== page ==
This article was originally published in propertyfinder Trends Report 2017 – click here to read online (Adobe Flash required) or click here to download PDF instead. To request a printed Report, please email us on firstname.lastname@example.org
Say goodbye to one-cheque payments and the double- digit yields of a landlord-driven market and welcome in the dawn of the tenant-favoured era. It’s certainly not the story that any landlord wants to hear but it is rapidly becoming the new “norm” of the Dubai rental market. Our internal market intelligence, kwIQlytics, reveals that from the peak of the market (September 2014) we have seen rents fall by 9.7% for apartments and 13.3% for villas. Some sub-markets have been affected more heavily than others. In the villa segment, Jumeirah Islands fell 17.1%, Arabian Ranches 16.7%, Jumeirah Village Triangle 15.2%, Emirates Hills 13.6% and Jumeirah Park 13.6%. In the apartment segment Jumeirah Beach Residence slumped by 13.9%, Discovery Gardens 12.8%, Marina 11.9%, Downtown 9.1% and International City 12.4%.
As we now close the books on Q2 of 2017 and reflect on the most recent quarter it’s clear that the downward trend on rents continues broadly across the market, with final signed lease prices (not initial asking prices) for apartment rents down 1.96% and villas dropping 1.1% quarter-over-quarter. Again, some sub-markets are experiencing steeper drops than others for the quarter. Jumeirah Islands fell by 3.1%, Emirates Hills 2.9% and Jumeirah Park 2.8% in the villa segment. Apartments also took a hit in areas such as The Views which dropped 4.8%, International City 4.6%, Downtown 2.9% and Palm Jumeirah 2.7%.
Why is it that the market continues to weaken? The macroeconomics of falling GDP, rising inflation and cost of living, coupled with a softening of the job market for both new and existing positions are all contributing factors, however it may be even simpler than that. It largely comes down to basic supply and demand. In recent years, Dubai’s new development market has gone from strength to strength, with a myriad of new projects being announced as well as delayed projects from the last boom market resuming. Handovers for this year alone are slated to be upwards of 30,000 units with approximately a tenth of that amount already delivered year to date. In addition to these new handovers, we are also seeing secondary market “shadow inventory” finally hit the market, where properties which were initially primarily purchased to park money or for capital appreciation, and then left untenanted post-handover, are now being switched to income producing assets as investors come to terms with the drawn-out stagnant period and minimal capital appreciation. Expect to see more of those perpetually dark apartments in the towers around you finally have some lights on! As overall supply continues to increase, it is unfortunately not being met by an appropriate net increase in demand. Until job numbers, population growth, and economic growth enter their next positive phase, which we anticipate seeing in mid-to-late 2018 in response to spending from both government and private sector in the lead up to Expo2020, expect to see further weakening of the rental market.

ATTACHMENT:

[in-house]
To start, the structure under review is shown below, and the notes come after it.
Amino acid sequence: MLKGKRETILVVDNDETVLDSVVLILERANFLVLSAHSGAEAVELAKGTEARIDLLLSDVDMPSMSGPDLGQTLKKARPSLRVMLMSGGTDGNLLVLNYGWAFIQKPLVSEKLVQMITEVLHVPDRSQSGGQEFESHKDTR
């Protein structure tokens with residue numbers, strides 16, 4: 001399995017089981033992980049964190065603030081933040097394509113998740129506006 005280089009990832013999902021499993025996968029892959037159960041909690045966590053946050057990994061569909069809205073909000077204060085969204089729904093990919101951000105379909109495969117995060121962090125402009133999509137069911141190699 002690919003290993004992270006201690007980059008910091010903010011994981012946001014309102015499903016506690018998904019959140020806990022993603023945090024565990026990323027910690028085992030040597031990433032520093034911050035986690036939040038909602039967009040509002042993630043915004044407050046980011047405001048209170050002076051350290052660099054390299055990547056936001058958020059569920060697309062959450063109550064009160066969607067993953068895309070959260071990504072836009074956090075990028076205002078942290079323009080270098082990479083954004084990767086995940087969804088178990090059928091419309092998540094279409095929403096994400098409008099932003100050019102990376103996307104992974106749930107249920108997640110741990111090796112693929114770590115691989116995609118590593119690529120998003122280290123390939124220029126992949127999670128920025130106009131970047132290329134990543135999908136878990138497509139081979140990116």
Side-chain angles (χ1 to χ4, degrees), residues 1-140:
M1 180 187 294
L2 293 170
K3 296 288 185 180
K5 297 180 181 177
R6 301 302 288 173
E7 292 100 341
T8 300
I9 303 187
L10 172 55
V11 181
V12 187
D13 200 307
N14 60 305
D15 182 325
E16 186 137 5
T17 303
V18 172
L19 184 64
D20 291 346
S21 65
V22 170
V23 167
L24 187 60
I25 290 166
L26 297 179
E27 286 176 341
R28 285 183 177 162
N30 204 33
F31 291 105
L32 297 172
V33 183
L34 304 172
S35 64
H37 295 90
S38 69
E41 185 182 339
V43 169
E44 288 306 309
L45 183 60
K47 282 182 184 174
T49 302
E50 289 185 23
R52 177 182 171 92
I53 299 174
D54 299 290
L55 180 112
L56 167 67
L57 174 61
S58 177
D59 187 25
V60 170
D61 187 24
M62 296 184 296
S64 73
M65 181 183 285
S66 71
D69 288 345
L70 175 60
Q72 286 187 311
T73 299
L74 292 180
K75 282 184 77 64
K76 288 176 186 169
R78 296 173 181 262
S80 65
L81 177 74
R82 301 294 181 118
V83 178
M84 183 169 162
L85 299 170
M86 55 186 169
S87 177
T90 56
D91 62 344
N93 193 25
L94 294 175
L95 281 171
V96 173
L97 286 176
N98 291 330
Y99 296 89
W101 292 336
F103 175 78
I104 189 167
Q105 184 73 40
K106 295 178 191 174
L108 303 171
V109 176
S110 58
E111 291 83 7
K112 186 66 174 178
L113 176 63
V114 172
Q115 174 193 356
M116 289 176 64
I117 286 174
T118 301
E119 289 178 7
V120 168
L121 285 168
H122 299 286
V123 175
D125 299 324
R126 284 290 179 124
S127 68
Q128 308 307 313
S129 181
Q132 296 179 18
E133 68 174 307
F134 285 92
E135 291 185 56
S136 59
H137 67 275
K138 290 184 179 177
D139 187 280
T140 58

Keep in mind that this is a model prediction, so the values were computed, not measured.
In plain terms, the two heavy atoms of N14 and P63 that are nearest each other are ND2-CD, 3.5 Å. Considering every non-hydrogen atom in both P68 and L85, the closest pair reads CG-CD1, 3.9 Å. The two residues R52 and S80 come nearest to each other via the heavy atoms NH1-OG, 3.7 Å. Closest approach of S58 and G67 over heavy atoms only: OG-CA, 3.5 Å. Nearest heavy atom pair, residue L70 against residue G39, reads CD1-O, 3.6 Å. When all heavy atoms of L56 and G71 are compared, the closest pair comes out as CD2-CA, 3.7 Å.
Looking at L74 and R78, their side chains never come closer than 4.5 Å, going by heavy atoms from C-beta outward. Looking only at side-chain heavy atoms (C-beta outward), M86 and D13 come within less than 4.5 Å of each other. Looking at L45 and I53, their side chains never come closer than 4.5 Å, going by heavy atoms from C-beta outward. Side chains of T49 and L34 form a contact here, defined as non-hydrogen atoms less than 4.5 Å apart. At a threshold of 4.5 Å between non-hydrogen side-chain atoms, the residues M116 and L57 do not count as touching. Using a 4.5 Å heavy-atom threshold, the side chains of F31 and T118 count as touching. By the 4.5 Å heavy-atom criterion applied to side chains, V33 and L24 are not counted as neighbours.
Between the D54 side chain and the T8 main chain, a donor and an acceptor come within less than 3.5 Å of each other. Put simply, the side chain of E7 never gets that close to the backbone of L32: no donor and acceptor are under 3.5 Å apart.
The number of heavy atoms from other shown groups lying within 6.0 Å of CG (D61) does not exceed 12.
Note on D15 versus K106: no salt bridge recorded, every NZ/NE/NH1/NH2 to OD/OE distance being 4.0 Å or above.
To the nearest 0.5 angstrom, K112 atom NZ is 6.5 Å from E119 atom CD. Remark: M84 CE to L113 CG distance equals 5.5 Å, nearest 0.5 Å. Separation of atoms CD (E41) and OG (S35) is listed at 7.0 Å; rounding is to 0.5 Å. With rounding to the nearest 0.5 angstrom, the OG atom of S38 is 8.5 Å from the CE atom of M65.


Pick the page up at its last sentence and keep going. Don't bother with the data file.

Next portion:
While the ongoing decline in rents seems to not have a short-term endpoint in sight, savvy tenants and equally astute landlords are keeping the market moving forward. In addition to lower rents, new tenants and their brokers have been able to negotiate concessions that were previously dismissed or largely unheard of in the Dubai market such as rent free periods, owner paid broker commissions and an increase in the number of cheques accepted. Cheque frequency has by far been the most prevalent of these with the days of one-time lump sum payments a thing of the past and four cheques the new standard. We’ve even seen the unthinkable… monthly cheques for a growing handful of landlords.
For tenanted properties, there has been a rise in landlords eager to keep their current tenants rather than face the prospect of any vacancy loss period. Instead of simply offering a renewal at the same terms they have proactively been extending similar favourable incentives such as rent reductions and an increased cheque frequency throughout the lease term. Considering a one-month vacancy period equates to a loss of 8.3%, which typically is close to, if not more than, the yield that most properties produce annually, concessions like these are not only smart business for the investor but a win-win for all parties regardless of the market.
Research among the nearly 24,500 Dubai apartments and villas advertised for rent on propertyfinder.ae shows that just about one in six specify the number of cheques required. Out of those that do, 1,842 listings state that tenants can pay in four cheques. A further 925 mention one cheque, 1,052 refer to two cheques and only 140 will permit twelve. About a decade ago, putting down an entire year’s rent upfront was the norm and those tenants whose employers did not offer such advances were often forced to borrow from the bank. However, greater competition among landlords helped ease the burden on tenants forming a new norm of two-three cheques, with four cheques also being common.
Chief Executive Officer, Keller Williams Real Estate
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